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Reaction to Episode Two:

 

Flat out great!   But it should be.  You have almost unlimited access, it would be hard to put out a poor product unless you’ve didnt know what you were doing, and the production team clearly knows what they are doing!

 

Favorite quote:  Ballard, toward the end of the Senior Bowl section says this...  “This guy may be a better player, but that guy may have higher grades with character and medical and checks ALL the boxes so he’ll be higher on our board.”   

 

This should get pinned to the top of the Colts page and the top of the Draft page.   It’ll help the next time some poster writes “why did we draft player X when player Z is clearly so much better?”

 

Least Favorite quote:  Ed Dodd, also in the Senior Bowl section.

 

Paraphrasing:  “In order to get better we have to work harder.  We have to out work the next guy.”

 

So,  that’s a Big Cliche.  There are 32 teams and EVERYONE thinks they’re working hard.  They’re sacrificing time away from families.  They’re on the road an obscene amount of time.   Everyone is working really hard.   But the winners are working SMARTER.   They’re doing different things, making better decisions.   Working smarter and not just harder is what separates the teams whose season ends in December and those teams who play in January and February.   Guys like Brian Decker who does our psych profiles on our players. 

 

Now, to defend Dodds, he can’t say that ON CAMERA.  He can’t say we’re smarter than the other guys.  That’ll get out and won’t be received well around the league.  So I’m not blaming Dodds, only explaing why his sound bite didn’t work for me. 

 

Two weeks in and I can’t wait for more!      :thmup:

 

:colts:

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4 minutes ago, crazycolt1 said:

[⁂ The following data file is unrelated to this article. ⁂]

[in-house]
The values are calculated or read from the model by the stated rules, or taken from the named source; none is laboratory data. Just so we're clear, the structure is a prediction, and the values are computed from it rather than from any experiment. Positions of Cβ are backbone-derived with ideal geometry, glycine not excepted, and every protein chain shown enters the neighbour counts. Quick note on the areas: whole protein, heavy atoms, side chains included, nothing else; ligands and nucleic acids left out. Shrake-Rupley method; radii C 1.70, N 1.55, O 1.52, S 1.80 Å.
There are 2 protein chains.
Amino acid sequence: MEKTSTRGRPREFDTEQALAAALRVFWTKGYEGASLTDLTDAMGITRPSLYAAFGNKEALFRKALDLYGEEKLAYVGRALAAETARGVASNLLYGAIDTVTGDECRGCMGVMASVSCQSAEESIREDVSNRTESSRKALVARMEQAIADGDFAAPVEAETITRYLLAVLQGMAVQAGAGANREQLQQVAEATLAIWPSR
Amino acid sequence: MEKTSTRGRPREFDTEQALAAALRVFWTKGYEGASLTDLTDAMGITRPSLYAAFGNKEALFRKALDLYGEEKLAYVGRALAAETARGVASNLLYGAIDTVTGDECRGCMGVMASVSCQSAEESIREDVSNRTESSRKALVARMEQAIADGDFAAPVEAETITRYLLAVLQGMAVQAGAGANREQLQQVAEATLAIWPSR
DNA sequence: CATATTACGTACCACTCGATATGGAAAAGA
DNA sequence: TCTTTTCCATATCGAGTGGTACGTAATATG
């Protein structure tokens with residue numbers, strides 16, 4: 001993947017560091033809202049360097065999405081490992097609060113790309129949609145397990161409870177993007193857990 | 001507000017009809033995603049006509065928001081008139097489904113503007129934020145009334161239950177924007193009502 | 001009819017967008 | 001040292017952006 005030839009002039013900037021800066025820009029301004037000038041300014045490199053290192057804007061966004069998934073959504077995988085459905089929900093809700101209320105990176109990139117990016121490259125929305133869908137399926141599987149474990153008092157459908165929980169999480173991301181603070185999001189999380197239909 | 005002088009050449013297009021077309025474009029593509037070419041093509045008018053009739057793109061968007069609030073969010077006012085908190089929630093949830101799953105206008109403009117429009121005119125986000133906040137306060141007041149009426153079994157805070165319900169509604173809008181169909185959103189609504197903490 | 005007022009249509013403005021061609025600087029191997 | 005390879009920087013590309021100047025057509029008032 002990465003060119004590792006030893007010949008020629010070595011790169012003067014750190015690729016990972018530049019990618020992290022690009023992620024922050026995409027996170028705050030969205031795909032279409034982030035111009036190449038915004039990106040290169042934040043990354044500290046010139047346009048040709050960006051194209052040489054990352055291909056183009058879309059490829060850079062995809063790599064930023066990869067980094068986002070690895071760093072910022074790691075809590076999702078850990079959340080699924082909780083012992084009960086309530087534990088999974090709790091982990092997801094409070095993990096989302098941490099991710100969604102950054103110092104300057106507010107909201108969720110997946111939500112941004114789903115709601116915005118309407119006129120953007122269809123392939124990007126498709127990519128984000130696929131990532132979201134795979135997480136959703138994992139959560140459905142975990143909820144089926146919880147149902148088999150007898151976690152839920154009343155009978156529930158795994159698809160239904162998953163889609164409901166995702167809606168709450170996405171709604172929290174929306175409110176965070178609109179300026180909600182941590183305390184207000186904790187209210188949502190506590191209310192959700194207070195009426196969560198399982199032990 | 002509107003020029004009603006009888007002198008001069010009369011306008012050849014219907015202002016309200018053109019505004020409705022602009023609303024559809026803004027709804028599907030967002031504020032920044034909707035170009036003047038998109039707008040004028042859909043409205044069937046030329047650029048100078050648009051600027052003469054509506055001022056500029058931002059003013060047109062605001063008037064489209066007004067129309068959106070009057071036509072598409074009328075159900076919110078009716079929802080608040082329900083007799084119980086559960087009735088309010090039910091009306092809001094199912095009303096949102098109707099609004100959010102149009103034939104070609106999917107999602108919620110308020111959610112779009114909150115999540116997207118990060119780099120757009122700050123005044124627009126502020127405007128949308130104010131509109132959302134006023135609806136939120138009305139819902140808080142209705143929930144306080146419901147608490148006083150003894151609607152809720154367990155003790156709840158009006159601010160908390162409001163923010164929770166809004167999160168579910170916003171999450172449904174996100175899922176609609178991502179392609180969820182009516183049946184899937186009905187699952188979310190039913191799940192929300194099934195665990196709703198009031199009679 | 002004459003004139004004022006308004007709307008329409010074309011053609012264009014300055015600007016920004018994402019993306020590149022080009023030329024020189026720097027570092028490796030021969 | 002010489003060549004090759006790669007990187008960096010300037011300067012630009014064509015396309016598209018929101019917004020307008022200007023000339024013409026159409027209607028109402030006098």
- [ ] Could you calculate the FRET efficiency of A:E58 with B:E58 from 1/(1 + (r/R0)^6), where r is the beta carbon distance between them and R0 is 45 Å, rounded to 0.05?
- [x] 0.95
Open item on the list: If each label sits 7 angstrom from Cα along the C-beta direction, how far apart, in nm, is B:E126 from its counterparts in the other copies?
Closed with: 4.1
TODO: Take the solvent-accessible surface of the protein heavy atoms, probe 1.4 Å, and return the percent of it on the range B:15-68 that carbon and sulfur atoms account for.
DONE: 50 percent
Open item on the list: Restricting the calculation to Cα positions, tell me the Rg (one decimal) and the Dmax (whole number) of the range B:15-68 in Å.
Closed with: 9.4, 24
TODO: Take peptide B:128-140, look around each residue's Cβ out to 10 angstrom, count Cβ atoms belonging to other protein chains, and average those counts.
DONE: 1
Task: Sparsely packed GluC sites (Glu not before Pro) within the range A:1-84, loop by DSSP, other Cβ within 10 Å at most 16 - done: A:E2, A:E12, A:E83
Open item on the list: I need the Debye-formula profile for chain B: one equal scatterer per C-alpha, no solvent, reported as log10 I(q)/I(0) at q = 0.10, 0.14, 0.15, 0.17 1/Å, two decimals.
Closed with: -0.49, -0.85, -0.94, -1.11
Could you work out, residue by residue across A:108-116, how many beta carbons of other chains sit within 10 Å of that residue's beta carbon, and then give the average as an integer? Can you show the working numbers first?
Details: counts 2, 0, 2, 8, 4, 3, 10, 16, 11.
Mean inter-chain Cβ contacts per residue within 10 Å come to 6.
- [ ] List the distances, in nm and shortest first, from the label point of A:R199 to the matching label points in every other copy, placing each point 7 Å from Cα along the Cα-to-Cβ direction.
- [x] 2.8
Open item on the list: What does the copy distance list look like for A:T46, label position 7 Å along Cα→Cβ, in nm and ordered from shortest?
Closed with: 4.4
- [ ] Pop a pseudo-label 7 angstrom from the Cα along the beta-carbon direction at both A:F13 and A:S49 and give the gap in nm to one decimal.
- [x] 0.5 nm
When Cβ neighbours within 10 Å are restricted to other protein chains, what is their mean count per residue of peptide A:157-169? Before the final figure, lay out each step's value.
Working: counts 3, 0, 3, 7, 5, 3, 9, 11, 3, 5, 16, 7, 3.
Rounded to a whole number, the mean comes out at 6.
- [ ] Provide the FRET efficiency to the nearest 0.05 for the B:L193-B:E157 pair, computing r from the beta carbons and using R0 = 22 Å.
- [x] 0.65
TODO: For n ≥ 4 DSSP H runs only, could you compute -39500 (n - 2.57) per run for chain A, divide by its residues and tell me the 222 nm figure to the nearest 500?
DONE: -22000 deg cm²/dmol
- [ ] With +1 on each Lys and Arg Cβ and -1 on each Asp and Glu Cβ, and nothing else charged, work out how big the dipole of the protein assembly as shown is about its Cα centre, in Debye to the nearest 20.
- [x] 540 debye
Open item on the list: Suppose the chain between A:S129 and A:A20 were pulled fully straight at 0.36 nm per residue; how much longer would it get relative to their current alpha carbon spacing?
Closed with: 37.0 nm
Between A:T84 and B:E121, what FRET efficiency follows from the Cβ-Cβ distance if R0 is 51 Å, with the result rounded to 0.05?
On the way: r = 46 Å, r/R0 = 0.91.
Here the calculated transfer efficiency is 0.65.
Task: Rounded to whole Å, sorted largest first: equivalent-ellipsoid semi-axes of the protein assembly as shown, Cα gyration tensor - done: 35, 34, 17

Seems like more work is put into eliminating players they don't want instead of players they do want. That is a little different than I thought things were done.

 

You’re basing your comment based on a small sliver of what they show you.   They’re not showing you everything.  You’re reading too much into too little.

 

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1 hour ago, NewColtsFan said:

 

You’re basing your comment based on a small sliver of what they show you.   They’re not showing you everything.  You’re reading too much into too little.

 

No I don't feel I am reading too much into it at all.

If you look at the sheer number of players they start with it's not surprising there is more effort in eliminating players down to 300 players or so.

Now once their numbers are down to that 300 or so players I'm sure things get kicked into overdrive.

No they are not showing us all but they are showing the process.  

 

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1 hour ago, crazycolt1 said:

No I don't feel I am reading too much into it at all.

If you look at the sheer number of players they start with it's not surprising there is more effort in eliminating players down to 300 players or so.

Now once their numbers are down to that 300 or so players I'm sure things get kicked into overdrive.

No they are not showing us all but they are showing the process.  

 

Ok....

 

Let me see see if I can’t put this another way...   and I’m sorry I didn’t put it this way to begin with...